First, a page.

Sections

Top Stories
Front Page
News
Student Life
Science & Environment
Arts & Entertainment

Etcetera
Opinion
People & Places
Lifestyles
Sports 
Kalamalama Archive

Information

ASHPU
HPU Clubs

Sports

Baseball
Basketball
Cross Country
Softball
Tennis
Volleyball

Hot Links
HPU

Escape to Lana'i

by Dava Della, spring '03 Lifestyles editor

 

If you're looking to escape the pressures of the outside world in exchange for some absolute peace and quiet, Lana‘i may be the place for you. Lana‘i offers award-winning golf, white sand beaches, and a wide variety of outdoor adventures and water sports. Only 25 minutes by air from Honolulu, more than 100 flights land on Lana‘i every week.

Click on image for larger view

Lana‘i (pronounced la-nah-ee) is the fourth- youngest and sixth-largest island in the Hawaiian chain. It was formed about 1.5 million years ago by the floor of the single shield volcano Palawai. The Palawai Basin is a prominent caldera filled with alluvium, or freshly eroded rock particles that have come off the hillside and been carried by streams. Under the alluvium is a large mass of lava flows, the type associated with a caldera.

Lana'i is 141 square miles. Uniquely, it is the only location in Hawa'i from which five other Hawaiian Islands--Mau‘i, O‘ahu, Moloka‘i, Kaho‘olawe, and the Big Island--can be seen.

 

Alternately known as Hawai‘i’s "Most Exclusive Island" and for nearly 70 years as "The Pineapple Island," Lana‘i hosted the world’s largest pineapple plantation of the 20th century. Under the ownership of James Dole from 1922 until 1961, the island supplied 75 percent of the world's pineapples. One-fifth of the area was used for cultivation.

Today, fewer than 100 acres of the island are used for growing the fruit. Castle & Cooke, Inc. is now Dole’s corporate successor, and 98 percent of the land is owned by the Lana‘i Company, Inc., a local development firm.

Many still associate Lana‘i with the pineapple, but most of the pineapples grown there today are consumed by island residents and hotel guests.

The island of Lana‘i is one of the least visited of the main Hawaiian Islands. Approximately 100,000 visitors come to Lana'i each year. According to the Hawai'i Department of Business, Economic Development, and Tourism, only 84,000 visited Lana‘i in 2001. This is compared to more than four million who visited O'ahu and two million who visited Maui that same year.

 

Those who do visit Lana‘i tend to be mainlanders who are wealthier than the average visitor to the other islands. In fact, on Jan. 1, 1994, Microsoft Chairman Bill Gates, held his wedding on Lana‘i, effectively closing the island for a day. He booked every hotel room on the island so no reporters could take any pictures of the wedding.

Lana‘i is highly dependent on the tourism industry for its survival. The island's two world-class resorts, The Lodge at Ko‘ele and The Manele Bay Hotel, have succeeded in attracting visitors, reviving the island's economy, and providing better job opportunities in farming and hotel ventures for island residents.

 
A handful of the residents--3,200--live mostly in Lana‘i City, an upper-elevation town (approximately 1,700 feet above sea level) with one bank, one police station, several general stores, a small theater, and an art gallery. Built in 1924 to be the focal point of the pineapple industry, Lana‘i City residents live in colorful plantation cottages with tin roofs.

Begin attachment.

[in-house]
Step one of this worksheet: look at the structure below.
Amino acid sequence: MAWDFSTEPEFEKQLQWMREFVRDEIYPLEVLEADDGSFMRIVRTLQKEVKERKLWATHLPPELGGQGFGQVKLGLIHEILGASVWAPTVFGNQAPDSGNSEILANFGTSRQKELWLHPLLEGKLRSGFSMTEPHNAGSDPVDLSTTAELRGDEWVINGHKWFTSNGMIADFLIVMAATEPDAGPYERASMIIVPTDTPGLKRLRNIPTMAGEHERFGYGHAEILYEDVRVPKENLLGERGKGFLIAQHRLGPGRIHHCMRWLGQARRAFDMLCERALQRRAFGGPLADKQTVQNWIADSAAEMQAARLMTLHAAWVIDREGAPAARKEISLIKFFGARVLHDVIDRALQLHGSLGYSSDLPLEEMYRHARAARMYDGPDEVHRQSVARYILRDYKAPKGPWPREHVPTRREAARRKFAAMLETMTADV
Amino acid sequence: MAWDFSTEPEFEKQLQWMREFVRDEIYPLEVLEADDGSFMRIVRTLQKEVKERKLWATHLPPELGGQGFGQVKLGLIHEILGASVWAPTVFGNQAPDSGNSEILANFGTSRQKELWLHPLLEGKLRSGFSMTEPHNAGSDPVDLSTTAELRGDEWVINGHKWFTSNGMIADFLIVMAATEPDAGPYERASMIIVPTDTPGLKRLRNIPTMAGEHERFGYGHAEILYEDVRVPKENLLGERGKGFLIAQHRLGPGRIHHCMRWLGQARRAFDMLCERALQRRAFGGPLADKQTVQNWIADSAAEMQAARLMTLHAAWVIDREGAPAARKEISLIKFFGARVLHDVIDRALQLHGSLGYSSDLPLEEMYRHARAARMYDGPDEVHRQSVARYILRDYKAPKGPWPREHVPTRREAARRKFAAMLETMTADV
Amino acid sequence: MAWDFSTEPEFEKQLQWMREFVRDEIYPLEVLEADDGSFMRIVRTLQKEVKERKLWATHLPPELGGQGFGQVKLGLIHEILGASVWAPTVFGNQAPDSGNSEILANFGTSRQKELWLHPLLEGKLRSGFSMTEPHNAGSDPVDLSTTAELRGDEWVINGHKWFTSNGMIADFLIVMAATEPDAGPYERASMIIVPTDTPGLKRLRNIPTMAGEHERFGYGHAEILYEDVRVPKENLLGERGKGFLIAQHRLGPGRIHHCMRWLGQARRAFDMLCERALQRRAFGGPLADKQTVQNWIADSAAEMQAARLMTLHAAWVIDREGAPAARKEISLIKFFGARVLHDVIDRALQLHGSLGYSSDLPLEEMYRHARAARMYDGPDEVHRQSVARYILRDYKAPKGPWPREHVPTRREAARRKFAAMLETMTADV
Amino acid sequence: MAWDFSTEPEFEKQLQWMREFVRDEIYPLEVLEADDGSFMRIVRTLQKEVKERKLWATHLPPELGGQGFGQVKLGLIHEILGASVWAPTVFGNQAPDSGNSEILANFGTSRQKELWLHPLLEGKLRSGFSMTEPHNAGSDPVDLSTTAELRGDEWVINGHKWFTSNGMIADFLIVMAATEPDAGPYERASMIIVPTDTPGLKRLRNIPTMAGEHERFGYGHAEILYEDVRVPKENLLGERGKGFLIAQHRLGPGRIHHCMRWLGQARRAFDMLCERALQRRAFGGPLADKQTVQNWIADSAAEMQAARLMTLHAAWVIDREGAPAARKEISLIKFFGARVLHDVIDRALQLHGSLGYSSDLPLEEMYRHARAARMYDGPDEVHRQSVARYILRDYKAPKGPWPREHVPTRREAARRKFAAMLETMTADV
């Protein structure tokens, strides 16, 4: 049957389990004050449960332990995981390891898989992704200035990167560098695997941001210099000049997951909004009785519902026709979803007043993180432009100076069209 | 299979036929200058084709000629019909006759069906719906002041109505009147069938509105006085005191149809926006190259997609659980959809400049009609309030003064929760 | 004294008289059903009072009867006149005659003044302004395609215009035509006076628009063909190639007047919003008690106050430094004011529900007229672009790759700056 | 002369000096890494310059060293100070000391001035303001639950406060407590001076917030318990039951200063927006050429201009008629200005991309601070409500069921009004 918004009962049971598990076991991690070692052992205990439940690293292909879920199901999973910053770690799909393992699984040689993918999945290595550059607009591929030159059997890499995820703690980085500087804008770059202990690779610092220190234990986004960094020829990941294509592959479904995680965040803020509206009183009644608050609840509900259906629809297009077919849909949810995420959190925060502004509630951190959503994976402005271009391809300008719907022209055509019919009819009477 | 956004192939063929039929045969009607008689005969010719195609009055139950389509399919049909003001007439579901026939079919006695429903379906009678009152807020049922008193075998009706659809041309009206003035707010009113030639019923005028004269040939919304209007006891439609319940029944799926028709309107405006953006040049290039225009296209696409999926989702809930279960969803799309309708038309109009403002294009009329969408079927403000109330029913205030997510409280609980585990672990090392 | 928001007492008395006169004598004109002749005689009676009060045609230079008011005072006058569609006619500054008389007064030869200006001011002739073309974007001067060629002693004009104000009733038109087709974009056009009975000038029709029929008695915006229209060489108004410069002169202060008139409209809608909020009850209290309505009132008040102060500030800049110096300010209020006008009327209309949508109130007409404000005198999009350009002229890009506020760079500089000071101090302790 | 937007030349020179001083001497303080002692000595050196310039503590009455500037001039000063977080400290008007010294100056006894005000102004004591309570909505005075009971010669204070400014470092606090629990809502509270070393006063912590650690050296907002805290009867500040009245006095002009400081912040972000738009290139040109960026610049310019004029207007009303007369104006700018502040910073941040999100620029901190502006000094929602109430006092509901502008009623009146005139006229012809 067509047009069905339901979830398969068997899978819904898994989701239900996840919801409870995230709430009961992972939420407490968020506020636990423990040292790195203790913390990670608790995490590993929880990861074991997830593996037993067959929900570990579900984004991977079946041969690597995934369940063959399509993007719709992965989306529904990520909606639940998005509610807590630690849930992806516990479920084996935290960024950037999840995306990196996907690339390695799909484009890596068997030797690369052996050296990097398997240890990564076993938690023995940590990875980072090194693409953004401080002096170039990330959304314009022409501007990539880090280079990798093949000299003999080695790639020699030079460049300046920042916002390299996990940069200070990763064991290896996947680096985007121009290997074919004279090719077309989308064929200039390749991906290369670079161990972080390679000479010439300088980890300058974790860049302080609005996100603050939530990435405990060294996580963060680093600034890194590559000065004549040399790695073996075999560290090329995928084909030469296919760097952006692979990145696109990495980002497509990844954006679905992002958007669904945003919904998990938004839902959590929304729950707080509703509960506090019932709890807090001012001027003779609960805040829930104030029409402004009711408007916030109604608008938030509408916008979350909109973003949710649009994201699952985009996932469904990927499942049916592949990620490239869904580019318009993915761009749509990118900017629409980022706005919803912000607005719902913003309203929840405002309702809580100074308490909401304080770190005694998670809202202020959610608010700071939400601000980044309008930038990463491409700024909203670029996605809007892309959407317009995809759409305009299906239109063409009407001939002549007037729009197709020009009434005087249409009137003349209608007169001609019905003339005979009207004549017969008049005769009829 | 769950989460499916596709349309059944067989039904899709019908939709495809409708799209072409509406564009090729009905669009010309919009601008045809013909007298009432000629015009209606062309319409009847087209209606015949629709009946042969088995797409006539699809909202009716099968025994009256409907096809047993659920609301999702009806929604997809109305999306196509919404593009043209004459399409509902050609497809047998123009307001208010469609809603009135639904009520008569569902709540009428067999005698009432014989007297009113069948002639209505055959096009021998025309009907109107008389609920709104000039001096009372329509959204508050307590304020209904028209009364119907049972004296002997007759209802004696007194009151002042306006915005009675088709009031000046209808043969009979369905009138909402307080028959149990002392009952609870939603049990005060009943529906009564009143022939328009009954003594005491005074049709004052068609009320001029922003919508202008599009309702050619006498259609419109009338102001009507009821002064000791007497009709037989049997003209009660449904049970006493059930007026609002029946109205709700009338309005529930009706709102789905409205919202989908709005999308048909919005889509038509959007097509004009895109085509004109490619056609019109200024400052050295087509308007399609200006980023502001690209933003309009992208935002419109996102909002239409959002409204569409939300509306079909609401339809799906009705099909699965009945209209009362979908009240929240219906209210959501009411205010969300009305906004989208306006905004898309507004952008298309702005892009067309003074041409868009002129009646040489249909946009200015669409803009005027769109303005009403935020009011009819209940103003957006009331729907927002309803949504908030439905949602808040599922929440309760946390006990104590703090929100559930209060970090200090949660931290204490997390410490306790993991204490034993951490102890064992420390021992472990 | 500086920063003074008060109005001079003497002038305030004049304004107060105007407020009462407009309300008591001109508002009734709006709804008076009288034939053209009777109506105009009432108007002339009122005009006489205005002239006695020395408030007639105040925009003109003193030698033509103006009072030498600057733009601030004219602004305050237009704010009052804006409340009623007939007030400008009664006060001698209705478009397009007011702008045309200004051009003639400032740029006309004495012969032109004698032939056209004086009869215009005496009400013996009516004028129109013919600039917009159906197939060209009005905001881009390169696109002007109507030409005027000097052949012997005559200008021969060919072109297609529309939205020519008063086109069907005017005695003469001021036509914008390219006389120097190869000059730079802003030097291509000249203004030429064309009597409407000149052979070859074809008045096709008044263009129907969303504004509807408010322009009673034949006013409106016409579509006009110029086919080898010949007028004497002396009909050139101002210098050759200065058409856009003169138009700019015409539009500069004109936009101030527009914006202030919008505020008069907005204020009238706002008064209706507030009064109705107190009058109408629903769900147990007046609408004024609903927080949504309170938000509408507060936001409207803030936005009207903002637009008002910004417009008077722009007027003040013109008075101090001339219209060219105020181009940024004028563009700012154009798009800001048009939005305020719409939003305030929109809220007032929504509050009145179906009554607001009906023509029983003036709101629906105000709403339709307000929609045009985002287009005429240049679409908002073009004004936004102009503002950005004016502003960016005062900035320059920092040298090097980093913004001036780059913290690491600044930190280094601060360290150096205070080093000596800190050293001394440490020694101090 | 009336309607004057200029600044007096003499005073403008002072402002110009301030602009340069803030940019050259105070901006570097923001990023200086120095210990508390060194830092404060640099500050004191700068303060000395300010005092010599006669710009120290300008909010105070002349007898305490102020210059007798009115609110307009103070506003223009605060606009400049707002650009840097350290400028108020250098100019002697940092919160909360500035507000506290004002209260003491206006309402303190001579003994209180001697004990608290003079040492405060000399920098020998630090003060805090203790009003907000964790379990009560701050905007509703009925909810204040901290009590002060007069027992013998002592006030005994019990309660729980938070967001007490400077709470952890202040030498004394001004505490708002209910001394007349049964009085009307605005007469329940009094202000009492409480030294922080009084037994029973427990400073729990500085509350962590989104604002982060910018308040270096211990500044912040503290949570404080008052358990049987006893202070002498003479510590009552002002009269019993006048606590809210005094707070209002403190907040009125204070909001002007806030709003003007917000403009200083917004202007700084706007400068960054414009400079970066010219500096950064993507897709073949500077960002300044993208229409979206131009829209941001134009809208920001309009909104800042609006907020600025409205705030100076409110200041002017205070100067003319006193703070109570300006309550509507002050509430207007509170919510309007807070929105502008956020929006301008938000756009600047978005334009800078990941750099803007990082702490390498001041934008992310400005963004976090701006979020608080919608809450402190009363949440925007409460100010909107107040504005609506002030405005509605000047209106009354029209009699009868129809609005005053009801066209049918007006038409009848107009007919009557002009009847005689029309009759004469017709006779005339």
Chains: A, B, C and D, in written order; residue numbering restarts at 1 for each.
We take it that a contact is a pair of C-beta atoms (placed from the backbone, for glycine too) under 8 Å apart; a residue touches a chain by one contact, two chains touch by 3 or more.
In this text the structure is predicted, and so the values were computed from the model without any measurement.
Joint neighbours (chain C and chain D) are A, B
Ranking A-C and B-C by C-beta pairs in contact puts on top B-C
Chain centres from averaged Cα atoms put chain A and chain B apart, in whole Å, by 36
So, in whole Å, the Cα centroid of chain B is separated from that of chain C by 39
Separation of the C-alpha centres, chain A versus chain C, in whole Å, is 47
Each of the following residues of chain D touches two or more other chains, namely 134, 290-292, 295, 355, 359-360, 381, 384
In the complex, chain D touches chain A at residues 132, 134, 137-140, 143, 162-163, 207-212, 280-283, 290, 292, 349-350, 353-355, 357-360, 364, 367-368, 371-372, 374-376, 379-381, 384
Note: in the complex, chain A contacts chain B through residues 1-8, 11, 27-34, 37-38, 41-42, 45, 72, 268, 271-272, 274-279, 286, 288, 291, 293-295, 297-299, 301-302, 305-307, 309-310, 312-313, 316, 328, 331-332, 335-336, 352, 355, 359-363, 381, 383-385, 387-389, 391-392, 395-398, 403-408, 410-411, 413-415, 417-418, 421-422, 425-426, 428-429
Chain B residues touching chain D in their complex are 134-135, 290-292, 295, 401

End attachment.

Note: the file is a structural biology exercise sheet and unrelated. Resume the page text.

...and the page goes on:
Lana‘i has no public transit system. Car rentals are available for $50 per day and the hotels provide free shuttle service to and from the airport. But since many of Lana‘i’s breathtaking activities are found at the end of rugged red dirt roads (Lana‘i has no stoplights and there are only 30 miles of paved roads), visitors and residents alike are recommended to rent a four-wheel drive, for about $130 per day.
 

For those who are adventurous, recreational activities include snorkeling, sailing, oceaning, kayaking, horseback riding, hiking, and mountain biking.

One of the most popular ways to get to Lana'i is to take the Expeditions Ferry from Lahaina Harbor. For more information on daily rates and special deals, call 1-800-695-2624.

If you have a wild sense of adventure or simply need a place to relax and unwind, then Lana‘i is the place for you. From mountain biking and hiking to great beaches and championship golf courses, Lana‘i is one of the best kept secrets in Hawai‘i.

 

Facts about Lana‘i

Official color: Yellow

Official flower: Kauna‘oa (a yellow and orange air plant)

Lana'i translates to "hump," which is the shape of the island when viewed from Lahaina, Maui.

Lana'i is located 8 miles to the west of Maui and 9 miles south of Moloka'i.

Average temperatures range from 66 degrees Fahrenheit to 73 degrees Fahrenheit. Because Lana'i is in the rain-shadow of its neighbor island Maui, it is one of the most driest islands. Rainfall is limited to 1-3 inches per month in the summer to 3-6 inches in the winter.

From Lana'ihale, the island's highest point at 3,360 feet, five of the major Hawaiian Islands--Maui, O'ahu, Moloka'i, Kaho'olawe, and the Big Island--can all be seen, weather permitting.

Largely uninhabited until the 1500s, Lana‘i, has no separate municipal government and is a part of Maui County, boasts a multi-cultural society with immigration from:

700 A.D. Polynesia
1820 United States
1852 China
1868 Japan
1878 Portugal
1900 Puerto Rico


 
2003, Kalamalama, the HPU Student Newspaper. All rights reserved.
 
This site is maintained by Mark Smith
Website done by Rick Bernico